Like millions of his constituents across Texas, Senator Ted Cruz had a frigid home without electricity this week amid the state’s power crisis. But unlike most, Mr. Cruz got out, fleeing Houston and hopping a Wednesday afternoon flight to Cancún with his family for a respite at a luxury resort.
Photos of Mr. Cruz and his wife, Heidi, boarding the flight ricocheted quickly across social media and left both his political allies and rivals aghast at a tropical trip as a disaster unfolded at home. The blowback only intensified after Mr. Cruz, a Republican, released a statement saying he had flown to Mexico “to be a good dad” and accompany his daughters and their friends; he noted he was flying back Thursday afternoon, though he did not disclose how long he had originally intended to stay.
Text messages sent from Ms. Cruz to friends and Houston neighbors on Wednesday revealed a hastily planned trip. Their house was “FREEZING,” as Ms. Cruz put it — and she proposed a getaway until Sunday. Ms. Cruz invited others to join them at the Ritz-Carlton in Cancún, where they had stayed “many times,” noting the room price this week ($309 per night) and its good security. The text messages were provided to The New York Times and confirmed by a second person on the thread, who declined to be identified because of the private nature of the texts.
For more than 12 hours after the airport departure photos first emerged, Mr. Cruz’s office declined to comment on his whereabouts. The Houston police confirmed that the senator’s office had sought their assistance for his airport trip on Wednesday, and eventually Mr. Cruz was spotted wheeling his suitcase in Mexico on Thursday as he returned to the state he represents in the Senate.
As the Cruzes were away, millions of Texans were still without electricity, many had no running water and the icy air that swept into the state was so severe that the Federal Emergency Management Agency had been activated to send supplies, including generators. Some searched neighborhoods for discarded fallen trees to burn for warmth.
“What’s happening in Texas is unacceptable,” Mr. Cruz told a television crew at the Cancún airport. He was wearing a Texas state flag mask and a short-sleeved polo shirt tucked into his jeans; the temperature in Cancún was above 80 degrees Fahrenheit on Thursday, and in the 30s in Houston.
After landing back in the United States, Mr. Cruz offered a new statement with a different tone from earlier in the day, when he had tried to explain the vacation without regrets and left the impression that it might have always been a one-day trip for him. Speaking to reporters after his arrival home, he conceded that the trip was “obviously a mistake” and said he had begun having “second thoughts” as soon as he boarded the plane to Mexico intent on a few days of remote work in the sun.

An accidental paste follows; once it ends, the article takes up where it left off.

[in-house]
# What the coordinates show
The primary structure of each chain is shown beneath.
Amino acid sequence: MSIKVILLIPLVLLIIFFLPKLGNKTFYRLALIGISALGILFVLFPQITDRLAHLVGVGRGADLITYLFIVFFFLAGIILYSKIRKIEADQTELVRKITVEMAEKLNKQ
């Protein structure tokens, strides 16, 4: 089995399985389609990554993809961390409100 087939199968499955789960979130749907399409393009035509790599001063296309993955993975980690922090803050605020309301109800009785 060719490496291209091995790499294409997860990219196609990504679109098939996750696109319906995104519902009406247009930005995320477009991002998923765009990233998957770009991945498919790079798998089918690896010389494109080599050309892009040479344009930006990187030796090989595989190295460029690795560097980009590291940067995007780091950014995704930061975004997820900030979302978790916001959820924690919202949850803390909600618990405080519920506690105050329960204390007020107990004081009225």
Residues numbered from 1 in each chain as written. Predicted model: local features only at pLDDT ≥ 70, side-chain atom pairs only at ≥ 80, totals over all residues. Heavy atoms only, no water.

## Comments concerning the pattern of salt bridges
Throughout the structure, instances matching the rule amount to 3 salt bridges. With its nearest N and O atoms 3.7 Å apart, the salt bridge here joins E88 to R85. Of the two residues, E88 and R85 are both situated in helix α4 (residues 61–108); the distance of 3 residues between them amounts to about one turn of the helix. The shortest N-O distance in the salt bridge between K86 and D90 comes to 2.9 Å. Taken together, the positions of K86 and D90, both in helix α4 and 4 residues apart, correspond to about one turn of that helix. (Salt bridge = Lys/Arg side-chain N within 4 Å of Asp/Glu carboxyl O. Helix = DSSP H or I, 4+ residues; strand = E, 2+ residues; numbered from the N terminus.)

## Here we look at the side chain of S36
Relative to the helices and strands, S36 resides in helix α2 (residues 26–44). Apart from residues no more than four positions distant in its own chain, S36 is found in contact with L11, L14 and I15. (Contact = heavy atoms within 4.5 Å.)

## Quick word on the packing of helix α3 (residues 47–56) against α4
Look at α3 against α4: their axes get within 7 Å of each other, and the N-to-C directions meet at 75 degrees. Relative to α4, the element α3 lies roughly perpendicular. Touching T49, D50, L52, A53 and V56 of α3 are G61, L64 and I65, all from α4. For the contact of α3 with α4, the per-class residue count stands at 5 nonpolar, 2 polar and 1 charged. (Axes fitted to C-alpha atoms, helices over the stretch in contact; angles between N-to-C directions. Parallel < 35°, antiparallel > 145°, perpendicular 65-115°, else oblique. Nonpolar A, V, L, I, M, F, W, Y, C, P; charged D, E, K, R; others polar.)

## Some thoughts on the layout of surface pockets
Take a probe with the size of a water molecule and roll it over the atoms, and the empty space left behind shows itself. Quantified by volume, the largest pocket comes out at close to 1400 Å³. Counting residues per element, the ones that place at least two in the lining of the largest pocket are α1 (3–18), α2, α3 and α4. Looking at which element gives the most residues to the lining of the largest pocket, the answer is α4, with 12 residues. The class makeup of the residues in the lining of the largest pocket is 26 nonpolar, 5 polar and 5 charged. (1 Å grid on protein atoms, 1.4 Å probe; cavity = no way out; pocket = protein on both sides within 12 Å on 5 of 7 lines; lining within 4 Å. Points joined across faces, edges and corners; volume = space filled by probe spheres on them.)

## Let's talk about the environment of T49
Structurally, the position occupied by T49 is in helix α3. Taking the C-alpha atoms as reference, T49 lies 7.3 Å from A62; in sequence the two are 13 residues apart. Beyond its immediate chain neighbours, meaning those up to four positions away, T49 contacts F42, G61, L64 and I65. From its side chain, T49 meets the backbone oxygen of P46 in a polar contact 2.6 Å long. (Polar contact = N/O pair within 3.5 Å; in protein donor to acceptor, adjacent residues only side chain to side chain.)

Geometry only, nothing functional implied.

“The plan had been to stay through the weekend with the family,” he said, framing the decision as a parent’s attempt to placate his two daughters, ages 10 and 12, after a “tough week.”
“On the one hand, all of us who are parents have a responsibility to take care of our kids, take care of our families,” Mr. Cruz said. “But I also have a responsibility that I take very seriously of fighting for the state of Texas.”
“As it became a bigger and bigger firestorm, it became all the more compelling that I needed to come back,” he added.
Mr. Cruz’s critics quickly circulated hashtags mocking his trip: #FlyinTed, a play on former President Donald J. Trump’s derisive nickname for Mr. Cruz during the 2016 primary race, and #FledCruz, among them. Some Democratic groups sought to fund-raise off the episode, and the state Democratic Party renewed its calls for Mr. Cruz’s resignation.
“This is about as callous as any politician can get,” said Gilberto Hinojosa, the Texas Democratic Party chairman. Mr. Hinojosa said he was shocked but not surprised by Mr. Cruz’s international excursion: “He’s a politician that really has never cared much about anybody but himself.”
Untimely vacations and opulent splurges have long ensnared politicians in scandals and public-relations headaches: the international trips arranged by the disgraced former lobbyist Jack Abramoff in the early 2000s for members of Congress; Chris Christie, then the governor of New Jersey, sitting on a state beach in 2017 after he had ordered such beaches closed because of a government shutdown; and, more recently, Gov. Gavin Newsom of California dining without a mask during the pandemic last year at the high-end restaurant the French Laundry.
Mr. Cruz’s decision to leave his state in the middle of an emergency was an especially confounding one for an ambitious politician who has already run for president once and is widely seen as wanting to run again in 2024 or beyond.